Situated just far enough along the Franschhoek Pass to afford beautiful views of this prime wine valley, the grounds on which you’ll find Haute Cabrière have been producing wines for over 300 years. Pierre Jourdan was one of the first French Huguenot wine makers to land himself a piece of soil in the Franschhoek Valley, and Haute Cabrière’s wine makers still produce these, very sought after, wines.
But today, I’d like to tell you more about Haute Cabrière’s own wines and what a wonderful experience it is to visit the place where they come from. And what better way to start a sunny afternoon in Franschhoek than with three suit-and-tied business men making a rather conspicuous landing in their private helicopter. Yes, the area of grass on top of the cellar roof doubles as a landing ground for just this.
Walking around to the front of the cellar, you first notice the sweeping view over the valley and then realised that, on a clear day like this one, those tasting wines and those dining at the esteemed Cellar Restaurant, can spend the entire afternoon taking in the view. Large wine barrels double as tables for the outside tasting area while the neatly dressed restaurant tables enjoy exactly the same view, just a little more shaded.
Unfortunately, Franschhoek can get rather chilly too, especially in these months, and you’ll be happy to know that the tasting room boasts a cosy fireplace and couches while the restaurant has a very large indoor area and soft, warm lighting.
The building itself is crafted from stone with the curved ceiling extending down to become the walls and pillars. This rustic interior is combined with crisp white tablecloths and smart silver cutlery. And as we’re on the topic of interiors, do treat yourself with a trip to the bathroom, whether you need to or not. The stairs lead down into a spiral, with a low roof and abruptly ends against a gate, almost like a dungeon. But what you see on the other side of the steel bars are rows of beautiful barrels, quietly maturing the wines you’re enjoying upstairs.
I decided to not only taste the wines, but also taste the Cellar Restaurant’s food. The restaurant was recently named one of Newsweek’s Top 100 hundred restaurants in the world, one of only two South African restaurants to make it onto the list. This was all the reason I needed and the specially prepared, Table d’Haute lunch, offered every afternoon at the Cellar Restaurant, was therefore an easy choice. The lunch consists of four courses, specially created by the chef using the freshest ingredients available on the day, and paired with Haute Cabrière three wines and a tasty dessert wine from the Pierre Jourdan range.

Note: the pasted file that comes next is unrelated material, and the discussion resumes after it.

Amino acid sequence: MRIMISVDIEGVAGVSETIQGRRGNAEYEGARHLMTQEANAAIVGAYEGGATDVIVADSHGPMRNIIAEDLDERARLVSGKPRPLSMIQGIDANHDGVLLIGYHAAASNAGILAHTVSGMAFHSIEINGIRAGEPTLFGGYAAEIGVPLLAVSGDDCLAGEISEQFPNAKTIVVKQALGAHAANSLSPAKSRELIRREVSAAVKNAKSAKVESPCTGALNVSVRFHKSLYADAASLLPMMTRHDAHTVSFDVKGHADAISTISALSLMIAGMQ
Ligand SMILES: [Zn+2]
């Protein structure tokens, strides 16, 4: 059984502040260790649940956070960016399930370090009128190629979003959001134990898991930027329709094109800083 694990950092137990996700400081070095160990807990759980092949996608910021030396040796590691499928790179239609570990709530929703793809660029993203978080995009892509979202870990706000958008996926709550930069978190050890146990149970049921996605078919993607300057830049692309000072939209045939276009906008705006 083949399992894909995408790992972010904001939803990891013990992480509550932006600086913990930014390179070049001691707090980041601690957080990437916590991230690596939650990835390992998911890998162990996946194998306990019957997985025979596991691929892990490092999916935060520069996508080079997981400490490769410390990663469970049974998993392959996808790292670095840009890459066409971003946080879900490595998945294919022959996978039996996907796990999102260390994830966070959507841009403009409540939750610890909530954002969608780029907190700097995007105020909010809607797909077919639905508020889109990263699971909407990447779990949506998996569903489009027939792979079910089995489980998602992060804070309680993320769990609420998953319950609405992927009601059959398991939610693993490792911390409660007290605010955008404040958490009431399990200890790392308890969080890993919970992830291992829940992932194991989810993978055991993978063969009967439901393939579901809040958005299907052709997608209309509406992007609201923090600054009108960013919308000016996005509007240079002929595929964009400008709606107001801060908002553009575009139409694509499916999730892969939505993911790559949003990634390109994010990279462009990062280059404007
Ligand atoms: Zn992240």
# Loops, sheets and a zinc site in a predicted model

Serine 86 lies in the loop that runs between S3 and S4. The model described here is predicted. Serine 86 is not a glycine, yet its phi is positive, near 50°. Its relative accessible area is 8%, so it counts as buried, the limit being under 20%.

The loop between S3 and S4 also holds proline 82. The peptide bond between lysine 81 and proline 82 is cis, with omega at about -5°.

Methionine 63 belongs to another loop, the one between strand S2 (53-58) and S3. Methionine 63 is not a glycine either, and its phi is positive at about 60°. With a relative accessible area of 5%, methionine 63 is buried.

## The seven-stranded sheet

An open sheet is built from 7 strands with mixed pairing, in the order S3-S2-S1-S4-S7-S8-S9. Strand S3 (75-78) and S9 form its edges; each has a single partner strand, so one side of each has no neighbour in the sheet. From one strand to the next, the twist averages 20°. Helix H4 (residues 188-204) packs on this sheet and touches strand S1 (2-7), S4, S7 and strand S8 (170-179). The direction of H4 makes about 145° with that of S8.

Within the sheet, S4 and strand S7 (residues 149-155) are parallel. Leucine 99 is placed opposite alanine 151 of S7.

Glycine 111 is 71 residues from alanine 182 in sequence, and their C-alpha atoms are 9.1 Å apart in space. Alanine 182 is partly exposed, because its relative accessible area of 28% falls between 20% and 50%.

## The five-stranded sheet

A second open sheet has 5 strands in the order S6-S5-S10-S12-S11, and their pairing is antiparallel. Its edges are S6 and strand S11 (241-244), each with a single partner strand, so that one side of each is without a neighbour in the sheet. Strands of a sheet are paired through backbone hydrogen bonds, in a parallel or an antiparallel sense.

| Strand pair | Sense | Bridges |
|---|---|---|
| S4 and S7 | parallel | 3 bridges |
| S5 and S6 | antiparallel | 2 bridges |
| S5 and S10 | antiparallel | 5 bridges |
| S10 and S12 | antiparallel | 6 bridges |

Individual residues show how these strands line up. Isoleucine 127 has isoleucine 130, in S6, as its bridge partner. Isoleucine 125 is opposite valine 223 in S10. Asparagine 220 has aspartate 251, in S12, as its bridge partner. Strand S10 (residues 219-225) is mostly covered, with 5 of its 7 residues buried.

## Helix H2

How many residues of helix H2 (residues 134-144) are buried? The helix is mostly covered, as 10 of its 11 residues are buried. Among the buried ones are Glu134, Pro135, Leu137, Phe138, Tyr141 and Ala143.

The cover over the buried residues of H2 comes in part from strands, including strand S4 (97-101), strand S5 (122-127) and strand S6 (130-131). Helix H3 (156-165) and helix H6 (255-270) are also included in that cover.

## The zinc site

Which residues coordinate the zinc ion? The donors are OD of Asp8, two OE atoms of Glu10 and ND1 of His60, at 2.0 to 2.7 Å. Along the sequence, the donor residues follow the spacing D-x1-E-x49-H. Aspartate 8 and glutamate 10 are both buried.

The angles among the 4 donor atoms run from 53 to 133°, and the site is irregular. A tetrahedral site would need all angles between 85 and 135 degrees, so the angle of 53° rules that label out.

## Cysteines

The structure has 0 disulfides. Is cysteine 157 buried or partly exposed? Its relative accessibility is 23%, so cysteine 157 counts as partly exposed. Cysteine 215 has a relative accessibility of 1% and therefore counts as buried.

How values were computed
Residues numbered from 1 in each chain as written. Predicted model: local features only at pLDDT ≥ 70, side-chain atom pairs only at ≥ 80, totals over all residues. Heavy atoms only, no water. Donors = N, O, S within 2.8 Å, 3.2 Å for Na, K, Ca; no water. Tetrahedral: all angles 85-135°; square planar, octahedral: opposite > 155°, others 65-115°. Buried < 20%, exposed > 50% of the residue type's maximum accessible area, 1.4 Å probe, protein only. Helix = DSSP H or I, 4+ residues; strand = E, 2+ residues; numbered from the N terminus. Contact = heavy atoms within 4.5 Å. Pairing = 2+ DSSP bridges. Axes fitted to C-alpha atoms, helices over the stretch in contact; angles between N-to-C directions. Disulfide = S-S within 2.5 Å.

The 2012 Chardonnay Pinot Noir was released only the day before my visit and what a treat it was to enjoy this deliciously light, brand new wine along with a parsnip and cumin soup. The Unwooded Pinor Noir is something one doesn’t see very often, but it’s a fantastic, light red that also worked brilliantly with our smoked tomato and salmon pasta. Their final wine, the 2008 Pinor Noir, complemented a risotto and crispy pork perfectly, with a heavier, more complex taste. Our walnut and prune pudding and coffee and tea (with cubed sugar) rounded the meal off perfectly.
The lovely thing about these Table d’Haute meals, is that the folks at the farm decided to make them accessible to everyone, purely because they feel that lunch is has become a neglected event in our lives and people should spend more time enjoying them at leisure, while the sun is shining and the beautiful valley is open for admiration. The Table d’Haute lunch costs R250 with wines and R150 without, an excellent price and perfect excuse to try one of the world’s best restaurants.
Something else that Haute Cabrière and Pierre Jourdan specialise in, is Pinot Noir. Over weekends they offer a five course Pinot Noir Tasting Menu, also in the Cellar Restaurant. Here you’ll learn all about what Pinot Noire is, taking a journey through from wooded to MCC, enjoying cuisine that brings out the individual tastes and leaving with a full understanding of the art of Pinot Noir. Enjoy these events on Friday or Saturday evening, or for a Sunday lunch at R495 a person (wine included).
Even though we’re in the middle of winter, weekends at Haute Cabrière get busy, so book your seat to avoid disappointment. Email email@example.com to secure your place and enjoy a wonderful afternoon of wine, views and world-class cuisine.
Previous post by Adel Groenewald:« Robertson Slow Festival 2012: wine, food and nature at its best
Next post by Adel Groenewald:La Motte Wine Estate in photos »